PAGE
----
Interviewees also reported a lack of job satisfaction underlying a lack of motivation and psychological support and dissatisfaction with remuneration. A previously published study revealed also that nurses working in ICUs were less satisfied with their job than nurses working in other hospital areas and are more likely to leave their positions [28]. It further stated that ICU staff dissatisfaction is critical since it will result in a decline in the quality of care provided to the most critically vulnerable patients [28]. Particular attention must be paid to this problem of job satisfaction and to mental health in general in such a stressful environment to prevent its serious consequences for both staff and patients.

Implications for practice

New strategies are compulsory to enhance patient safety and quality of care. Identifying strengths and weaknesses assists in putting the focus on the aspects of patient safety requiring specific attention and in orientating improvement actions. According to the findings, it is necessary to provide basic and key competencies and skills in patient safety and quality of care to ICU personnel by including PSC into health professionals’ curriculum and as part of continuing education after graduation.

Another area of improvement concerns communication and teamwork which should be addressed by trainings sessions to foster a better grasp of teamwork principles and the development of effective communication techniques and strategies.

With regards to the under-reporting issue, professionals should feel protected; an anonymous voluntary reporting system that encourages error reporting within a climate of trust and tolerance is necessary. In order for the system to succeed, staff members who report issues must trust that senior staff and management will treat them properly and not unfairly criticize them. Senior employees and management must concentrate on all of the contributing factors rather than the person. It’s critical to search for the underlying reasons of the incident, not just the “ultimate error” and to devise an action plan that tackles them. Those who report occurrences should be notified of the investigation’s findings and the actions taken.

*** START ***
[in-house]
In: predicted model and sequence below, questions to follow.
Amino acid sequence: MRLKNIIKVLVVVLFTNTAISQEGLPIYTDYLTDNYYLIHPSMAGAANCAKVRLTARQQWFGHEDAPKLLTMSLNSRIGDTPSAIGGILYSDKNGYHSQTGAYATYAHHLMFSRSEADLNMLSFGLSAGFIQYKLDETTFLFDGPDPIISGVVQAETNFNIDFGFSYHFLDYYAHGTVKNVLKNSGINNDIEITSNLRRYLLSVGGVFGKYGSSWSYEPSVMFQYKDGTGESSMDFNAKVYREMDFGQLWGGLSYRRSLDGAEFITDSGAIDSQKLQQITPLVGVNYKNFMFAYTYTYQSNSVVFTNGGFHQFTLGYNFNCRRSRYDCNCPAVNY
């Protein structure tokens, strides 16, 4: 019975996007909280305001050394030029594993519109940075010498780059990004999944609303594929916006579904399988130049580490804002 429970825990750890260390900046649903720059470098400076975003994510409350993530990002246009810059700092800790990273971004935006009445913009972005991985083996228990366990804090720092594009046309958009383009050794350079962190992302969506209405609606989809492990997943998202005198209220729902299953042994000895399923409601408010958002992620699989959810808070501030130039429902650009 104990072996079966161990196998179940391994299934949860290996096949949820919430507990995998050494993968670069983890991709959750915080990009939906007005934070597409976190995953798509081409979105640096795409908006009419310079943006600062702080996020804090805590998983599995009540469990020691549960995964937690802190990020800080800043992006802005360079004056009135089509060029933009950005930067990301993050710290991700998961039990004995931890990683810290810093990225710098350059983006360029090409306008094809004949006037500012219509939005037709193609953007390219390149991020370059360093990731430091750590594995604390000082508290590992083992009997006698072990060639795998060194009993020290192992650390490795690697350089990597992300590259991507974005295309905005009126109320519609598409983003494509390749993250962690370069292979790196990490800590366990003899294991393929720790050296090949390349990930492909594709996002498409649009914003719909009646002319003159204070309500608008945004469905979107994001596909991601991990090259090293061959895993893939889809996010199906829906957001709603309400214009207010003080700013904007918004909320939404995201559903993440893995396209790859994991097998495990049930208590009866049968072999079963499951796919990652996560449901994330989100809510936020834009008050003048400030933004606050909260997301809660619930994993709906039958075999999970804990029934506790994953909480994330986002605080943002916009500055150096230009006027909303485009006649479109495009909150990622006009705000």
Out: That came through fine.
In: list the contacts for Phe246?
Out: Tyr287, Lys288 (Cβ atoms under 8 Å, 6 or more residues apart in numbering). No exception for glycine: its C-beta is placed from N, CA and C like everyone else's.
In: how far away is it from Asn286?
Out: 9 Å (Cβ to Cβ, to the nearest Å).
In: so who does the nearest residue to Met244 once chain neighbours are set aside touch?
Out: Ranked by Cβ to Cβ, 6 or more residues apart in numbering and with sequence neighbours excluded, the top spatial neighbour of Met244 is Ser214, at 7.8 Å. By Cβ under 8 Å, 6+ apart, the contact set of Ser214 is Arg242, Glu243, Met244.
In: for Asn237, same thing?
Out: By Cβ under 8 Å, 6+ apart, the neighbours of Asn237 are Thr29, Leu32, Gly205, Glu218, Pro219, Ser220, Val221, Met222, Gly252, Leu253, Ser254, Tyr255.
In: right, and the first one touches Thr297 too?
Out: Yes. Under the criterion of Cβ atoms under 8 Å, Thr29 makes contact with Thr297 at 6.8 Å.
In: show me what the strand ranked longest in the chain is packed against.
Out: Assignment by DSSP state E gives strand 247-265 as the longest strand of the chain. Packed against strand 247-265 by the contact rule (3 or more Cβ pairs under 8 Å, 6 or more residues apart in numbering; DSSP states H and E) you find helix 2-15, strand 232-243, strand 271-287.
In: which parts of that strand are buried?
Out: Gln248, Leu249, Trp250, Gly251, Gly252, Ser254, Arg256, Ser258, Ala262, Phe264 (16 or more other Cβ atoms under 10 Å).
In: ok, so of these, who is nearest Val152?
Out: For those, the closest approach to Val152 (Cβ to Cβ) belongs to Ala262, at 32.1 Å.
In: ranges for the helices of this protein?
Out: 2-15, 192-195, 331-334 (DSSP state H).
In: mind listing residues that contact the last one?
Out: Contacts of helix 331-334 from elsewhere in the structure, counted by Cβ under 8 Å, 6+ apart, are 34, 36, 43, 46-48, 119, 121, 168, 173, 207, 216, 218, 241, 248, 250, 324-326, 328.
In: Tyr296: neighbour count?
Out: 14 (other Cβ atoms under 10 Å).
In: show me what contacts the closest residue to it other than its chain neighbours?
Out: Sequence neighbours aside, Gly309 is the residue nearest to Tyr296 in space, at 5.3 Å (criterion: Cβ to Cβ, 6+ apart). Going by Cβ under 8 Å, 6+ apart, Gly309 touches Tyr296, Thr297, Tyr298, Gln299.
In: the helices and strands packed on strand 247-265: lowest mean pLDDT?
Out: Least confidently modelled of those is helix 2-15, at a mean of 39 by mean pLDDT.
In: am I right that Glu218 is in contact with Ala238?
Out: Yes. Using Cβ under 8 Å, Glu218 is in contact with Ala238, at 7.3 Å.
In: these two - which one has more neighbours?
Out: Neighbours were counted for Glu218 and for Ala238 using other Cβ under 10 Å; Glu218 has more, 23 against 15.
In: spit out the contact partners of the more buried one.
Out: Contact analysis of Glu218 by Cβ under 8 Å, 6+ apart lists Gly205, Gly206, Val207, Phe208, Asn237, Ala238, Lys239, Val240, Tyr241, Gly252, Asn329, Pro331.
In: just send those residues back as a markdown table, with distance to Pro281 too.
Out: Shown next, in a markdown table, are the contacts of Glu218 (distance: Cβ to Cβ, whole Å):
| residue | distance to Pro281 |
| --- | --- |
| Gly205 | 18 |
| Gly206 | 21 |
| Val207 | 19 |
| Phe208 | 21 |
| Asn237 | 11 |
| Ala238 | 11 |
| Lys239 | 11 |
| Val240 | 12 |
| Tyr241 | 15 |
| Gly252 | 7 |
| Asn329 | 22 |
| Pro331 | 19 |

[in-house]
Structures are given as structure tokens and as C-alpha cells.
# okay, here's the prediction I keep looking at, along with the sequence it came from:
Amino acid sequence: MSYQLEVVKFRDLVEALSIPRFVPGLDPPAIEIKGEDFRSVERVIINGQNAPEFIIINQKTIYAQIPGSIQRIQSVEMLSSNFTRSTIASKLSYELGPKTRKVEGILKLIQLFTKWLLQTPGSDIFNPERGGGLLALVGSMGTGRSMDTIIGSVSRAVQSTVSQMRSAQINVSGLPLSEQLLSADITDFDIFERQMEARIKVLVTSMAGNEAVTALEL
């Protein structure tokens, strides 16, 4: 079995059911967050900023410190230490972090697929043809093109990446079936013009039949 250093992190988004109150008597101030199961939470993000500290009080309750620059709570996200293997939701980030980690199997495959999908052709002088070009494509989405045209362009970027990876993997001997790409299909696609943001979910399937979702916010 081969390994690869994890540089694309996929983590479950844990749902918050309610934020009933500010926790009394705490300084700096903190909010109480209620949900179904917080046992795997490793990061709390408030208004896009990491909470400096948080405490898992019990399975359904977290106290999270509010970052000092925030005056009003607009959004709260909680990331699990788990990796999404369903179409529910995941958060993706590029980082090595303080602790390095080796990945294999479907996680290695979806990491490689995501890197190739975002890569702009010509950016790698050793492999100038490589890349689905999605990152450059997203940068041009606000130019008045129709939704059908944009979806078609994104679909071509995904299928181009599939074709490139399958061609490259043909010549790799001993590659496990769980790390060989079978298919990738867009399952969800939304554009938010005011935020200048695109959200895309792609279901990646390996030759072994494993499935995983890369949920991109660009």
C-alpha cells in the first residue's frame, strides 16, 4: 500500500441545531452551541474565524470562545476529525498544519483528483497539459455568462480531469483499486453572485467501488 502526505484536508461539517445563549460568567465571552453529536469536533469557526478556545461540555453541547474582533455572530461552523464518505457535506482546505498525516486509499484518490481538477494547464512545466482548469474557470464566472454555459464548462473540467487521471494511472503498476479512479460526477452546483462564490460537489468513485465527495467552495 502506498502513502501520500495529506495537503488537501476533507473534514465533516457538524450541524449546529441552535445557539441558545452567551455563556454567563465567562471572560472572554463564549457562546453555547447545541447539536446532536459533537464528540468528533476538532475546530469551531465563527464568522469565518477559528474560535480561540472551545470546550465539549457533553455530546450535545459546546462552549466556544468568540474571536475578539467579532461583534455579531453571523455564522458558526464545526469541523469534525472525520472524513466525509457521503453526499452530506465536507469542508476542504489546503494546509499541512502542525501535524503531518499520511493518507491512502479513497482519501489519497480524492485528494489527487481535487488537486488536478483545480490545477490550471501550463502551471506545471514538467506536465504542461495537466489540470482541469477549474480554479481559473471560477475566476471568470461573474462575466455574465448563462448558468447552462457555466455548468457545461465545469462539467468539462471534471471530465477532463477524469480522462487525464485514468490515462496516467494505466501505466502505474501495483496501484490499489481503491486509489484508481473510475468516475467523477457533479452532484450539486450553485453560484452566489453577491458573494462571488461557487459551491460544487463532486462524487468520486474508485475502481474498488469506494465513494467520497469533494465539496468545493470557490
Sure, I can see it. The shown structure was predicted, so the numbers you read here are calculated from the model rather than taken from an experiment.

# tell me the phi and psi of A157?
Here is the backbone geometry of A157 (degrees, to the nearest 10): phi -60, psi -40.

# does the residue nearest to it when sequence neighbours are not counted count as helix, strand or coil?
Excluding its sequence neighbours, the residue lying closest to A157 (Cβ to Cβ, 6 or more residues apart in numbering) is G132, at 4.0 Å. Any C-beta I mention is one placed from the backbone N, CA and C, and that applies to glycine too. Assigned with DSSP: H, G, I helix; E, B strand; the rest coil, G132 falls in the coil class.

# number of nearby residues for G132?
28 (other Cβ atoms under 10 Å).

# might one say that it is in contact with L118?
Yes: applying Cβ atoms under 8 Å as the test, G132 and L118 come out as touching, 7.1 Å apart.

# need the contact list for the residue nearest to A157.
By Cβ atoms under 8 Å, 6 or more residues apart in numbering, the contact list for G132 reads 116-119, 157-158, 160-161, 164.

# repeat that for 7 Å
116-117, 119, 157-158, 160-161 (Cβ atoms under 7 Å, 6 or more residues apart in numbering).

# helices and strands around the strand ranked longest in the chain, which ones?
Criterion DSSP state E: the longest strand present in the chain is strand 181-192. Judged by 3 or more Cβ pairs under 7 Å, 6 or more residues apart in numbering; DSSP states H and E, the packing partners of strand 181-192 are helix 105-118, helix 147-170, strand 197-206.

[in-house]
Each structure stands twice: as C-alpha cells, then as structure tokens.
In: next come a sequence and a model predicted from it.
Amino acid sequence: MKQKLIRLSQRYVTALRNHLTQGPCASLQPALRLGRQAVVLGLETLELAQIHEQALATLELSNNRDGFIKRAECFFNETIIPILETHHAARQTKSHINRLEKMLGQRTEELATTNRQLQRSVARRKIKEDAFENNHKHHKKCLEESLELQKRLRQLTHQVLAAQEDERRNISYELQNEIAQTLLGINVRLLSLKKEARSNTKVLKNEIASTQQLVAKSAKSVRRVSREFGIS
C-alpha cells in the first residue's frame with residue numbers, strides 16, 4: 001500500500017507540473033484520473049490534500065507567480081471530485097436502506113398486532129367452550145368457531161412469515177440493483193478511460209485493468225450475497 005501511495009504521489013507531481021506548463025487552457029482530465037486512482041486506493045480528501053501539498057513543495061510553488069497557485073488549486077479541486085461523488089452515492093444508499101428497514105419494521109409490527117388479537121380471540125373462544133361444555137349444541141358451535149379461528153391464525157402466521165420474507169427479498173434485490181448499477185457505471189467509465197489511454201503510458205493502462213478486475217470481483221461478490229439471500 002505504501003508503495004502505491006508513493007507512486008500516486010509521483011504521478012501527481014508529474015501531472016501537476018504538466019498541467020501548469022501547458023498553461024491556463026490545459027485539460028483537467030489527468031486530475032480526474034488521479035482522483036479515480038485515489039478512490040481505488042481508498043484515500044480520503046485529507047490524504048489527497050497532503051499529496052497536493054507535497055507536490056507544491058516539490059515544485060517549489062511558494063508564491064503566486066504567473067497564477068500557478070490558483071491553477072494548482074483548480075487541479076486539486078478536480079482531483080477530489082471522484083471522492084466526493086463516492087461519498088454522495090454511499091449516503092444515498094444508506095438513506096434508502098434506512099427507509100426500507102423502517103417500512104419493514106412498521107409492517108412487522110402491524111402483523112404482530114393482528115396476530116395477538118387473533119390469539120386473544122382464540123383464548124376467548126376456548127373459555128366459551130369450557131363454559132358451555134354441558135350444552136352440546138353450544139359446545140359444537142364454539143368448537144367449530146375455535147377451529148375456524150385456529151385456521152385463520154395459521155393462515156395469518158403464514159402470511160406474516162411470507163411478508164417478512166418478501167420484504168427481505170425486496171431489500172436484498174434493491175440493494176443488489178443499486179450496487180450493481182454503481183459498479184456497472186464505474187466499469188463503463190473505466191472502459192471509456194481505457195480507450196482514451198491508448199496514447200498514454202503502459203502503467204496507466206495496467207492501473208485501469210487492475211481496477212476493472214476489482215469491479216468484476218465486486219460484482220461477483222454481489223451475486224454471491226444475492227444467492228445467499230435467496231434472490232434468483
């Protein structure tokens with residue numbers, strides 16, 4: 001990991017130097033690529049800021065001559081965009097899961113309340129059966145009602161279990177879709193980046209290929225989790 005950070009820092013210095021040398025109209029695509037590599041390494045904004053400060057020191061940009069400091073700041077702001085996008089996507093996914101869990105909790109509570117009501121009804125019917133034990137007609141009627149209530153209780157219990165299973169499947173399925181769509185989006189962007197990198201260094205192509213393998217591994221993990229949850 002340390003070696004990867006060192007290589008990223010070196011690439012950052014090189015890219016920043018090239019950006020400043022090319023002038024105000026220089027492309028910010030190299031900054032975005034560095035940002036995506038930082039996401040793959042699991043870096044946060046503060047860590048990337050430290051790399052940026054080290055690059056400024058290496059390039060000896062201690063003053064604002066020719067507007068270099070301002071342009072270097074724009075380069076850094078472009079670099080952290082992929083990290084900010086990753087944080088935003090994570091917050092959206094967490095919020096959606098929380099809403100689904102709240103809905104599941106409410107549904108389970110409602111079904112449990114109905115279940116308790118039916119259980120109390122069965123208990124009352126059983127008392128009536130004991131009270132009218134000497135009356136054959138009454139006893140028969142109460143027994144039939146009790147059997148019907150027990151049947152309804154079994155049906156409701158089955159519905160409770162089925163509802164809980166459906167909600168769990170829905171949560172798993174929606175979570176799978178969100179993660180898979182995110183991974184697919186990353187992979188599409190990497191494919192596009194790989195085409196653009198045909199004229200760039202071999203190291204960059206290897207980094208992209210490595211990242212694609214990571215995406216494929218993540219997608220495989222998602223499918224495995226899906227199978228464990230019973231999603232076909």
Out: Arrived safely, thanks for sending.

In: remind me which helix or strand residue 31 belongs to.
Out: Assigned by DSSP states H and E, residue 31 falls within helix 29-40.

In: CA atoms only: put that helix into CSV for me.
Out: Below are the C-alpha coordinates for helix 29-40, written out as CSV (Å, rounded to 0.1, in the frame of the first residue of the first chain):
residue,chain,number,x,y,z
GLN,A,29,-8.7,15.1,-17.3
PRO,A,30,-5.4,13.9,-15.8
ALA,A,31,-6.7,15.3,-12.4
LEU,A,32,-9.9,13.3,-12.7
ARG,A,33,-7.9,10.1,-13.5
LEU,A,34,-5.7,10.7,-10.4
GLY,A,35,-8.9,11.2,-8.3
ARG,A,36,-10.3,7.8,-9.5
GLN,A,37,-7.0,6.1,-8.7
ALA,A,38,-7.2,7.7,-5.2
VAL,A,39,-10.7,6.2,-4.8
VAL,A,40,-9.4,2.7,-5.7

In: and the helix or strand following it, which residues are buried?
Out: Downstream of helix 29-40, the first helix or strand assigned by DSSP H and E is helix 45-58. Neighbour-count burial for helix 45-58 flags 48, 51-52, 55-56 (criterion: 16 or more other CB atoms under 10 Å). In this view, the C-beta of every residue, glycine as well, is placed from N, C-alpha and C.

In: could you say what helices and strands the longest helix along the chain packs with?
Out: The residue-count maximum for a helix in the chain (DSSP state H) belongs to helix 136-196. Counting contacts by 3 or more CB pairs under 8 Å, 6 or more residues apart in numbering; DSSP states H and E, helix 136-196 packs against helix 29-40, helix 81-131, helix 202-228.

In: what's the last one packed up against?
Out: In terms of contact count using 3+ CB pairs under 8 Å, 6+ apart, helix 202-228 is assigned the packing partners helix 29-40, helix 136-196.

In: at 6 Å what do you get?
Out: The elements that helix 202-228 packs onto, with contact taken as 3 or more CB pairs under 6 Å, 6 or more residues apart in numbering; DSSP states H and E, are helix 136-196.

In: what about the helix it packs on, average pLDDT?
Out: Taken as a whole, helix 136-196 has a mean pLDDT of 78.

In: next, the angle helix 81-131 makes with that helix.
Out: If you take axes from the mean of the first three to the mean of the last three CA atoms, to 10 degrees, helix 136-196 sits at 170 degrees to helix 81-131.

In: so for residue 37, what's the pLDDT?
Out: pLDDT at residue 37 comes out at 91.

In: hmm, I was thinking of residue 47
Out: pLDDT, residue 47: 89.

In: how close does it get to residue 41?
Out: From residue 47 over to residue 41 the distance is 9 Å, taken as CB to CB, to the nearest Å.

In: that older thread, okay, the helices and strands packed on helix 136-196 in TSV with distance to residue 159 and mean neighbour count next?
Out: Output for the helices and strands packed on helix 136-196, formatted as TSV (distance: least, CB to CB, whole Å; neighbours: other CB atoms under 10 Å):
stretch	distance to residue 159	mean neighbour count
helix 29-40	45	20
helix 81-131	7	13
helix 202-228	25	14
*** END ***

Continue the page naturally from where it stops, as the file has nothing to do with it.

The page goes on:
It’s also critical to implement a human resources management strategy, which involves properly allocating workers and working hours to better manage workload.

Conclusion

Study results showed that all PSC domains need to be improved. However, we highlighted several areas of concern need a special attention and specific strategies of improvement such as incident reporting, blame culture and workload. This research also showed the importance of completing quantitative survey by qualitative data that deepen and help understanding the current level of PSC.

Enhancing PSC of all health professionals should be a priority and strategic axis that must be focused on by putting in place consistent approaches insisting on building a blame-free environment, teamwork and incident reporting coupled by continuous learning system.

Availability of data and materials

On demand, from corresponding author.

Abbreviations

ICUs:

Intensive Care Units

AE(s):

Adverse Event(s)

PSC:

Patient Safety Culture

HSOPSC:

Hospital Survey On Patient Safety Culture

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Authors

Contributions

MAT was the lead researcher responsible for the design of the study and contributed to data collection and analysis, and drafting of the protocol and manuscript, WA and JS contributed to study design and data collection. ABC was responsible for data analysis and revision of the manuscript and its submission. AM and TA contributed to revision of the manuscript. As for MM, SC and MBR, they contributed to study design, revision and final approval of the manuscript. All authors read and approved the final manuscript.

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Correspondence to Mohamed Ayoub Tlili.

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All methods were carried out in accordance with relevant guidelines and regulations. It was approved after review of the study protocol and survey contents by the institutional ethics committee of Faculty of Medicine of Sousse. Prior to survey interviews, each participant signed a written informed consent.

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The authors declare that they have no competing interests.

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Tlili, M.A., Aouicha, W., Sahli, J. et al. Assessing patient safety culture in 15 intensive care units: a mixed-methods study. BMC Health Serv Res 22, 274 (2022). https://doi.org/10.1186/s12913-022-07665-4

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Keywords

  • Patient safety culture
  • Quality of care
  • Intensive care
  • Patient safety